SEDC wants 18K ‘permanent’ CWs


Business leaders want Gov. Ralph DLG Torres to pursue the permit of about 18,000 contract workers in the CNMI on a permanent basis.

The Strategic Economic Development Council voted to make this recommendation last Tuesday, underscoring the workforce needs of growing development in the CNMI.

“After a considerable amount of discussion regarding the future number of operating staff required including the current development plans on Tinian, Rota, and Saipan,” council chair Robert Jones told Saipan Tribune,” the SEDC members recommended that Torres consider requesting the U.S. Citizenship and Immigration Services to allow 18,000 CW workers for the CNMI on a permanent basis.

“The vote on the recommendation was a great majority of the members of SEDC,” he added.

Request for comment from Torres’ office was not immediately available.

Council members have also discussed in recent meetings the government’s use of its developers infrastructure tax, broaching ideas to have the tax be dedicated to infrastructure improvements to handle new development, Saipan Tribune learned.

Among various ongoing development tourist projects, SEDC expects 700 new rooms to be constructed and operational in 2017. In 2018, they expect an additional 1,300 rooms to be constructed and operational.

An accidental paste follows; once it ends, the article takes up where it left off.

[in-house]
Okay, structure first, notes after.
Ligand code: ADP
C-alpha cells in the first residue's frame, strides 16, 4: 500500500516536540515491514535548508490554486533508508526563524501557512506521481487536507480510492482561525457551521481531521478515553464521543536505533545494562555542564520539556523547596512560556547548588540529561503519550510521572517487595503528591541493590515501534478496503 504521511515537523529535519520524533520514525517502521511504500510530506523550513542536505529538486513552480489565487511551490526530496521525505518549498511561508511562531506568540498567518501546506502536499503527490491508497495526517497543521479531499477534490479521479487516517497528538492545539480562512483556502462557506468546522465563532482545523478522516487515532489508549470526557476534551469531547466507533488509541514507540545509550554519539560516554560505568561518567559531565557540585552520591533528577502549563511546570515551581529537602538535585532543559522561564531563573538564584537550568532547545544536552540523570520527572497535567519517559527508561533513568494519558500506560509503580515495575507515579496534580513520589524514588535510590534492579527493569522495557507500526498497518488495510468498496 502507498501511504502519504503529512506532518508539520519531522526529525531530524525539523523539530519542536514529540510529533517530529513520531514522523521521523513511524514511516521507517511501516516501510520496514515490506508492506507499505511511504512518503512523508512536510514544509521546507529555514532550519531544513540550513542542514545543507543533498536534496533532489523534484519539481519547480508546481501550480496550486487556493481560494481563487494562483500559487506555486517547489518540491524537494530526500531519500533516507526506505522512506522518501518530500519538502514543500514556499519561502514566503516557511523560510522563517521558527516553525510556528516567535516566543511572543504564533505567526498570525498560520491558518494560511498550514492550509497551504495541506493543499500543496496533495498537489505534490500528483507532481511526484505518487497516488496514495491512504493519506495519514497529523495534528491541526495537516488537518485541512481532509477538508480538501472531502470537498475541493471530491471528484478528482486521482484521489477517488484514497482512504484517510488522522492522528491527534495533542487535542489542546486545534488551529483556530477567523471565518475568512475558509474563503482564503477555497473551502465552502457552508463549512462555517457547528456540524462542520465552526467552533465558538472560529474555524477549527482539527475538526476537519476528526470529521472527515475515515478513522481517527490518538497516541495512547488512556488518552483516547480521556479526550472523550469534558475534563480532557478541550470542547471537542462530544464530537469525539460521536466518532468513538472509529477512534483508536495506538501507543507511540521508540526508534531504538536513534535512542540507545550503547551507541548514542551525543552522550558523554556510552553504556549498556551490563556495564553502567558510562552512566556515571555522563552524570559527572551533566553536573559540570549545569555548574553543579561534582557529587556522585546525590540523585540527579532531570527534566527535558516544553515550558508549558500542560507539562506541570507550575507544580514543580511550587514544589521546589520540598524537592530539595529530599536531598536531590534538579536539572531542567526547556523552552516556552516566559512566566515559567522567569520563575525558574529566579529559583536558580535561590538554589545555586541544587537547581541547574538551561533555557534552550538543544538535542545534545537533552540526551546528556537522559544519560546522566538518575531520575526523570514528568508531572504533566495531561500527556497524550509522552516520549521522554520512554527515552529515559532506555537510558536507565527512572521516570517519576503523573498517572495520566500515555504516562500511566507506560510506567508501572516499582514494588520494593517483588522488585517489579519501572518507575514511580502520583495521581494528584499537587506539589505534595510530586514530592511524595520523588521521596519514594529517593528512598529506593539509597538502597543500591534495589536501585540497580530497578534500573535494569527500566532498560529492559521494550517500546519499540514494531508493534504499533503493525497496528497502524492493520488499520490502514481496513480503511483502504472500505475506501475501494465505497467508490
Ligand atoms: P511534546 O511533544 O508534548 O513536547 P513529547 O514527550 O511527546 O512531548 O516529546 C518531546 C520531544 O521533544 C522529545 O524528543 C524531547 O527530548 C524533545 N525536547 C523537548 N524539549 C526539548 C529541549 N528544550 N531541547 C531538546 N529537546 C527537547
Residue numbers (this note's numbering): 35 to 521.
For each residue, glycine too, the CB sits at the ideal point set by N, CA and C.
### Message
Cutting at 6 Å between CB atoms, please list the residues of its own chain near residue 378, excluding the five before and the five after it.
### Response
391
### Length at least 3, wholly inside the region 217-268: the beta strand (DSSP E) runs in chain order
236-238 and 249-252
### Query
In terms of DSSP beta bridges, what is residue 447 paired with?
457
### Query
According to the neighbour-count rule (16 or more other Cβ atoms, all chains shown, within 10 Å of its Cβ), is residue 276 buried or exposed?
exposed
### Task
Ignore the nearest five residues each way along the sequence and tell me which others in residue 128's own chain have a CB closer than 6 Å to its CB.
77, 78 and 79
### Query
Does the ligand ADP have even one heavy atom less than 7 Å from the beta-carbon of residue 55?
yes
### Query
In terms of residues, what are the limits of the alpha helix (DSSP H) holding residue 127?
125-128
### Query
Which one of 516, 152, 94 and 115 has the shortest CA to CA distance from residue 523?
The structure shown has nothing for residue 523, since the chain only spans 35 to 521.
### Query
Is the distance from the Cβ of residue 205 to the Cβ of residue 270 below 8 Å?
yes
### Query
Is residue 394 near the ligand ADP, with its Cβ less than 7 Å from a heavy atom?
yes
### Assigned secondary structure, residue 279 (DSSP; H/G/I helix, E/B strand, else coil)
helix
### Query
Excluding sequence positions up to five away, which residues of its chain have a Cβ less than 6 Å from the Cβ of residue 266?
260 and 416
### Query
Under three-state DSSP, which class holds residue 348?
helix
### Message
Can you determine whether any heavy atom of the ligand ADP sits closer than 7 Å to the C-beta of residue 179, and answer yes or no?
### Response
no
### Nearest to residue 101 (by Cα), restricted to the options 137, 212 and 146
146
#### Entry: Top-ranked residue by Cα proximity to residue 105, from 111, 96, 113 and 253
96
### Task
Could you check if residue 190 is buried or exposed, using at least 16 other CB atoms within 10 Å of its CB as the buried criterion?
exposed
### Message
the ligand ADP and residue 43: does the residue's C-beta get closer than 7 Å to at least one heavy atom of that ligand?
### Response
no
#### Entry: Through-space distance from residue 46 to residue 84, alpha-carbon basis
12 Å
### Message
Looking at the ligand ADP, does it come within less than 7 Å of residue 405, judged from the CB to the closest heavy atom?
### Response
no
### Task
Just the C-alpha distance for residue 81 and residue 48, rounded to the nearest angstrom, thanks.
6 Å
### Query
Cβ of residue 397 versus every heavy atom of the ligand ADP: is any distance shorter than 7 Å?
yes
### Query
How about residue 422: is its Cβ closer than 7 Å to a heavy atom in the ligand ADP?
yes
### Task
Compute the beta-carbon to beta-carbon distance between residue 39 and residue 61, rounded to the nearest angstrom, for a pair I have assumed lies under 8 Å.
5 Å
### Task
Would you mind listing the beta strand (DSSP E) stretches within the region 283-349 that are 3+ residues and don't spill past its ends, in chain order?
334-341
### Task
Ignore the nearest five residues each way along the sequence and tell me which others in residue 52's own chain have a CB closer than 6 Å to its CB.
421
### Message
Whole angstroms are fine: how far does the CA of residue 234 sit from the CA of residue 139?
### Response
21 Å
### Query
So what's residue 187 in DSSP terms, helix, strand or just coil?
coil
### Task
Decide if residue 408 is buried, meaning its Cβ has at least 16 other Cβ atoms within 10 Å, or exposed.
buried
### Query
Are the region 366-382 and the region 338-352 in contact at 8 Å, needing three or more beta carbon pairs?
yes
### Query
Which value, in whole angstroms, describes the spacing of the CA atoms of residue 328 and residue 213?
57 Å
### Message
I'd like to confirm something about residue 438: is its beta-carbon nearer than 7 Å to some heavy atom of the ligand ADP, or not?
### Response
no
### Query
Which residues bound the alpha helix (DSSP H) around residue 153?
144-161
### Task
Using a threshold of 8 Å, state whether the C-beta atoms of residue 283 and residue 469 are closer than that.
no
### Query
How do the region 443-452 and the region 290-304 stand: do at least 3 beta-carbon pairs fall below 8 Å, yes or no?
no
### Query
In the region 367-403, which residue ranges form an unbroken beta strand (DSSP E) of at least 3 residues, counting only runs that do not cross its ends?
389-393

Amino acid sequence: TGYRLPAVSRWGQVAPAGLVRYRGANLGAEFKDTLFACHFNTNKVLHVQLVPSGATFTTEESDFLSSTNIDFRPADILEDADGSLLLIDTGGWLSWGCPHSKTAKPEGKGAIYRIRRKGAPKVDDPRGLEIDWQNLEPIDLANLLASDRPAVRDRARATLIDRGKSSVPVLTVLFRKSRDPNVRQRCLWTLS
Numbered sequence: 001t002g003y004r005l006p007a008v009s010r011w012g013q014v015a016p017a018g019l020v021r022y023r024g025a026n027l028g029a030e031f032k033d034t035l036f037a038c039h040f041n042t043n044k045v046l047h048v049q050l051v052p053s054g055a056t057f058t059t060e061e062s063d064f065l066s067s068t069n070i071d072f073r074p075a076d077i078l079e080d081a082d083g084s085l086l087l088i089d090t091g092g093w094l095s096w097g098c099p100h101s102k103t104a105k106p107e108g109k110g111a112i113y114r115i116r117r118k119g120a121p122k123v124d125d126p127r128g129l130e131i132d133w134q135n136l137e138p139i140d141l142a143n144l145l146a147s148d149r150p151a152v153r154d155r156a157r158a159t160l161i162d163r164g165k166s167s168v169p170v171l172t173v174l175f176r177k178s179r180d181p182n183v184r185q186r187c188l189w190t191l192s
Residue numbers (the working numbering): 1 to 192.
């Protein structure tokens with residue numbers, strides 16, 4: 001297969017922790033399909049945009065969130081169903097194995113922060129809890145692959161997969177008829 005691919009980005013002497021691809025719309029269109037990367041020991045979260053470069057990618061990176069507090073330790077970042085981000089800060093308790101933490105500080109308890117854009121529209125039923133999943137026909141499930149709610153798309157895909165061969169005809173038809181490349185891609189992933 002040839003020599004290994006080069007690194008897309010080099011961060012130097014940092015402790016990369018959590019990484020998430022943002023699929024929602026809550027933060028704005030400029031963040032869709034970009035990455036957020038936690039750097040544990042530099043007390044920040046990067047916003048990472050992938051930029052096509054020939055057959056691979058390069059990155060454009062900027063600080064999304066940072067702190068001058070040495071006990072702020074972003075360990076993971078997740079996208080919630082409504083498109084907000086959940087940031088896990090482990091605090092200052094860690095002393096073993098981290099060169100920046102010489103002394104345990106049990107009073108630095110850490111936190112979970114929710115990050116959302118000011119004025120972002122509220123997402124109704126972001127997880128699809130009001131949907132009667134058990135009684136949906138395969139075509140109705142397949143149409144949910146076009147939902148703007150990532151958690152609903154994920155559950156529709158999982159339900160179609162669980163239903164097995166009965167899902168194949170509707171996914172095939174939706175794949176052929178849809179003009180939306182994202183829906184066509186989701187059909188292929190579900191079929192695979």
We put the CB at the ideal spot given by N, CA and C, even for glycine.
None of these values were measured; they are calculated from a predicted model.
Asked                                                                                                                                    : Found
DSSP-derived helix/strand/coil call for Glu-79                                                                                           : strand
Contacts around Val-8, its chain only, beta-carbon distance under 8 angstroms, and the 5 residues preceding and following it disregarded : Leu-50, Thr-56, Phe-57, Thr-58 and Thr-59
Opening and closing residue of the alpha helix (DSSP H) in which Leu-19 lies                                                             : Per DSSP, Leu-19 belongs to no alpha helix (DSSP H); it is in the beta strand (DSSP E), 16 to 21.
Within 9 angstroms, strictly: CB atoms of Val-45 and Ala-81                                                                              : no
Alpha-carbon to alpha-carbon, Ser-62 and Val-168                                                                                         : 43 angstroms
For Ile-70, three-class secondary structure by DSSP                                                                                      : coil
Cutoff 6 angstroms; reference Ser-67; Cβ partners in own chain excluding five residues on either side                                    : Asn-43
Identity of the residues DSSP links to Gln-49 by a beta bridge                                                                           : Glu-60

Based on the Hotel Association of the Northern Marianas Islands 0.71 ratio, there’s an expected need for 497 hospitality employees for these 700 rooms in 2017.

In 2018, that number would be an additional 923 employees based on the 1,300 rooms.

Talks for a need of 15,000 to 35,000 workers in the CNMI reportedly have been broached to meet growing development demands.

The CNMI faces the expiration of its local contract worker program in 2019. These workers provide much of the labor force for the local economy and would need Congressional action to extend or replace with a new visa class catered to the CNMI’s needs.

The federal government is expected to cut annually the number of contract workers allowed in the NMI up to this 2019 date.

Last October, the cap was cut by 1,000 workers to 12,999 for fiscal year 2016.

Dennis B. Chan | Reporter
Dennis Chan covers education, environment, utilities, and air and seaport issues in the CNMI. He graduated with a degree in English Literature from the University of Guam. Contact him at

Related Posts

Disclaimer: Comments are moderated. They will not appear immediately or even on the same day. Comments should be related to the topic. Off-topic comments would be deleted. Profanities are not allowed. Comments that are potentially libelous, inflammatory, or slanderous would be deleted.